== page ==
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Integrating Border Regions : Connectivity and Competitiveness in South Asia

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Published
2014
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Deeper regional integration can be beneficial especially for regions along international borders. It can open up new markets on opposite sides of borders and give consumers wider access to cheaper goods. This paper uses data from five contiguous districts of India, Nepal, and Bangladesh in the northeast of the subcontinent to measure the degrees of trade complementarity between districts. The paper illustrates that the regions are underexploiting the potential of intraregional commerce. Price wedges of up to 90 percent in some important consumption products along with measures of complementarity between households' production and consumption suggest the potential for relatively large gains from deeper trade integration. Furthermore, an examination of a specific supply chain of tea highlights factors that help industries scale up, aided by institutions such as an organized auction and decent physical and legal infrastructure. However, districts alike in geography but located across international boundaries face different development prospects, suggesting that gains from reduced "thickness of borders" would not accrue automatically. Much rests on developing intrinsic industry competitiveness at home, including the reform of regulatory and business practices and infrastructural bottlenecks that prevent agglomeration of local economies.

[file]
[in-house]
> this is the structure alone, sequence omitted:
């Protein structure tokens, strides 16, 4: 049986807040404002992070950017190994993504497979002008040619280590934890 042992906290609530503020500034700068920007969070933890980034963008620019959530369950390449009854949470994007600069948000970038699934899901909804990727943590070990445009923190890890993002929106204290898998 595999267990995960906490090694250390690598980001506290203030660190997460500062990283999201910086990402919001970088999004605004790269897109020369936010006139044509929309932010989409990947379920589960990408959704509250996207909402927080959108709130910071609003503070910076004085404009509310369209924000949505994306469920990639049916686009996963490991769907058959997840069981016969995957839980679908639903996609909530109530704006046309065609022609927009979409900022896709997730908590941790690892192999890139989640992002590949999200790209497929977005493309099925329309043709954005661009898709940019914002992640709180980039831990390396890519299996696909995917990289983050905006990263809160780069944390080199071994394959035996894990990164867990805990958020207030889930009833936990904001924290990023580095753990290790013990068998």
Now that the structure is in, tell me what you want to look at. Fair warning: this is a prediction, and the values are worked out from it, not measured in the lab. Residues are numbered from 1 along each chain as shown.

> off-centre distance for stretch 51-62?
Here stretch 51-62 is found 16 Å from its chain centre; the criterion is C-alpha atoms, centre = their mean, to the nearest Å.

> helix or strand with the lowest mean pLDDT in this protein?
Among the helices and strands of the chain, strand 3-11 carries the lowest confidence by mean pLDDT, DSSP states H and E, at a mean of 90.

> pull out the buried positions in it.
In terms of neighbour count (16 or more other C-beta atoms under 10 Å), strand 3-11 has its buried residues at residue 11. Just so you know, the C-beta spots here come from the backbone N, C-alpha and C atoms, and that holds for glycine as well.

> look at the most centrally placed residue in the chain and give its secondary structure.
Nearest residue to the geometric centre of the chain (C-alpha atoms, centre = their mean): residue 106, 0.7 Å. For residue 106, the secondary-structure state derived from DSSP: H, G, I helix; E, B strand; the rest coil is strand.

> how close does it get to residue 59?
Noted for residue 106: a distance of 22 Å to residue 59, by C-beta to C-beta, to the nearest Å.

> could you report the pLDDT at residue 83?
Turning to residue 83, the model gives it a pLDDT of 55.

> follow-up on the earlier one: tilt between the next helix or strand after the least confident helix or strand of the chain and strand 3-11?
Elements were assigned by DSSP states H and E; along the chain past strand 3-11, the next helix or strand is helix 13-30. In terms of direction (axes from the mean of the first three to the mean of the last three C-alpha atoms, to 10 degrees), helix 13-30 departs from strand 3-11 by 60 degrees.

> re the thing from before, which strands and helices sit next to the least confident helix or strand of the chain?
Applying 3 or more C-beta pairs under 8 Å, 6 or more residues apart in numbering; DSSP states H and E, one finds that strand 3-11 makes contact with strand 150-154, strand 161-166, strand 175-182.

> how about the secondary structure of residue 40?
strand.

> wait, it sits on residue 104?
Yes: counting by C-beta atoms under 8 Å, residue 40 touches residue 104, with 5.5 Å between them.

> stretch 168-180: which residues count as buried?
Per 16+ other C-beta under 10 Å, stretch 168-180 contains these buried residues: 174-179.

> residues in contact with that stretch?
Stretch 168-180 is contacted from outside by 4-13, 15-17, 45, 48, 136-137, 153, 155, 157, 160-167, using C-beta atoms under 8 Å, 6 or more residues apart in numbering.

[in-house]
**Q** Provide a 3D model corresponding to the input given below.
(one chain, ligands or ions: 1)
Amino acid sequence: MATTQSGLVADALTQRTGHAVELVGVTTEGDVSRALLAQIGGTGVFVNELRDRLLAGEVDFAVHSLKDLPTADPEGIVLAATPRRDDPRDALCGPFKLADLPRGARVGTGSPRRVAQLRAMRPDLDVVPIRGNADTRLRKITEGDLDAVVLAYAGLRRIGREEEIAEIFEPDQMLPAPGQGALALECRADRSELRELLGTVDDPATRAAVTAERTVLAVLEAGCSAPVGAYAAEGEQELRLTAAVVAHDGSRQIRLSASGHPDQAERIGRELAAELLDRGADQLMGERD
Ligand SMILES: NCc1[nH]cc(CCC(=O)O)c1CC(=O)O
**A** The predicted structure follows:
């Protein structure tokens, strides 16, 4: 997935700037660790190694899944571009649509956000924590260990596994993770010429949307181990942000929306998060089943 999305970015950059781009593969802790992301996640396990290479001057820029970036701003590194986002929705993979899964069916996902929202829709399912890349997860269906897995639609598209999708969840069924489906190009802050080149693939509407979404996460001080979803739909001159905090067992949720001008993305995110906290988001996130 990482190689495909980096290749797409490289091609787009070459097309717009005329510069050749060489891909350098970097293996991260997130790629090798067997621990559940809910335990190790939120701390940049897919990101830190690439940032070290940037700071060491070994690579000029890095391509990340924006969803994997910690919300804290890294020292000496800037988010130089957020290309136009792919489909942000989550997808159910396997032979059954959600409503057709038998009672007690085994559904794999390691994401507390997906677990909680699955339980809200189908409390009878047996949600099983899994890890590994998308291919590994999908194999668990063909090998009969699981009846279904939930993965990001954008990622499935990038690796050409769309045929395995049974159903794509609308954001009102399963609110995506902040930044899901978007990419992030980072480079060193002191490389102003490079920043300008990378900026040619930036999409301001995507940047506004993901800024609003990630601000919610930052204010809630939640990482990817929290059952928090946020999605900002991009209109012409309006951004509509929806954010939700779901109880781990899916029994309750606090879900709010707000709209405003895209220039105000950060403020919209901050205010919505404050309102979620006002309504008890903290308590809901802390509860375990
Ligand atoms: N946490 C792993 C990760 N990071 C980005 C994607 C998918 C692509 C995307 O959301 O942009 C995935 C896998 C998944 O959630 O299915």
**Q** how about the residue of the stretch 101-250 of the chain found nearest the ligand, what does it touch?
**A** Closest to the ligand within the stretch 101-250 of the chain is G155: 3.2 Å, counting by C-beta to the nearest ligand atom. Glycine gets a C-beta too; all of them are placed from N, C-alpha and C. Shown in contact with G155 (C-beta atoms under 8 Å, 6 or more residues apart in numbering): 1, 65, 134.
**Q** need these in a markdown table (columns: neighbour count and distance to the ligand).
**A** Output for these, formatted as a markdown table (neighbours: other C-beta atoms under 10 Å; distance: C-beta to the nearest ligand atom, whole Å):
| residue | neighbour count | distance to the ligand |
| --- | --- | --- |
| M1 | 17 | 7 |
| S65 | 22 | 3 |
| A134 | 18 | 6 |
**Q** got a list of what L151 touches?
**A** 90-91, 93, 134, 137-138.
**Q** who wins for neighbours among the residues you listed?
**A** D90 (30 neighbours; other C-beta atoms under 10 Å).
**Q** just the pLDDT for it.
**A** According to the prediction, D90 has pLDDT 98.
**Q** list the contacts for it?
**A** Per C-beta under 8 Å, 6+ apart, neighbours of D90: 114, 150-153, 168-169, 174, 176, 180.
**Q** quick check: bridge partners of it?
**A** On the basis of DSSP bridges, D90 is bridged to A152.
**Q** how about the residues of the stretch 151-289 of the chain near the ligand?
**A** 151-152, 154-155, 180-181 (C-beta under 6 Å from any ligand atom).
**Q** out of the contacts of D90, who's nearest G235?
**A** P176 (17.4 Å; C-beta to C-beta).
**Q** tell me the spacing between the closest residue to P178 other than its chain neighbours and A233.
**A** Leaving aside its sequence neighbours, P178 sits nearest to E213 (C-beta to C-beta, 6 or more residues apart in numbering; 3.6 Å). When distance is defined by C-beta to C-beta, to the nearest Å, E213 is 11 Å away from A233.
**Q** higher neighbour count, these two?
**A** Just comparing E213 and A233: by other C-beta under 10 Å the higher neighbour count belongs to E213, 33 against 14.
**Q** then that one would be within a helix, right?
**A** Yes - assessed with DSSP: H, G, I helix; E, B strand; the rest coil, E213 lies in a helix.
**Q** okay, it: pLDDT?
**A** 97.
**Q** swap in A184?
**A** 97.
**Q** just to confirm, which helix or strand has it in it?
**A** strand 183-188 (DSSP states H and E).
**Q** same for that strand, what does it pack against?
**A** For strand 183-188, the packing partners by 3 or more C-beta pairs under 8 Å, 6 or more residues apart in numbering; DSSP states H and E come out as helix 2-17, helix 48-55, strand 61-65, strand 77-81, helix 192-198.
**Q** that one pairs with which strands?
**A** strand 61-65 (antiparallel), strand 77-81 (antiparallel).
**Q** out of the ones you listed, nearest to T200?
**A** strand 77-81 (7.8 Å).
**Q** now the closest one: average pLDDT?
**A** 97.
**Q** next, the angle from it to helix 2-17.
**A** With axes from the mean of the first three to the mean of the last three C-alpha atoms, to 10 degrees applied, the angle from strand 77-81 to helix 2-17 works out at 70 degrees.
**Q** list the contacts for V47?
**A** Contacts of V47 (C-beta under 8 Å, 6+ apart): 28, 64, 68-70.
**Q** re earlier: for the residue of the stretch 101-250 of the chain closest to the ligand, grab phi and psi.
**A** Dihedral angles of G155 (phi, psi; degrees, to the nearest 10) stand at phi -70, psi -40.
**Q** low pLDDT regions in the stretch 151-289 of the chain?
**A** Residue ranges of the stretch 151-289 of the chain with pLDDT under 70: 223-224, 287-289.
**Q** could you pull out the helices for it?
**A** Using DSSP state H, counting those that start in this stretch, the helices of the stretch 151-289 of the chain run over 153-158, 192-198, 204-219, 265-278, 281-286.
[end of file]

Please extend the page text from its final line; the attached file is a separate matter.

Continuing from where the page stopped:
Citation

Cali, Massimiliano; Farole, Thomas; Kunaka, Charles; Wagle, Swarnim. 2014. Integrating Border Regions : Connectivity and Competitiveness in South Asia. Policy Research Working Paper;No. 6987. World Bank Group, Washington, DC. © World Bank. https://openknowledge.worldbank.org/handle/10986/19390 License: CC BY 3.0 IGO.

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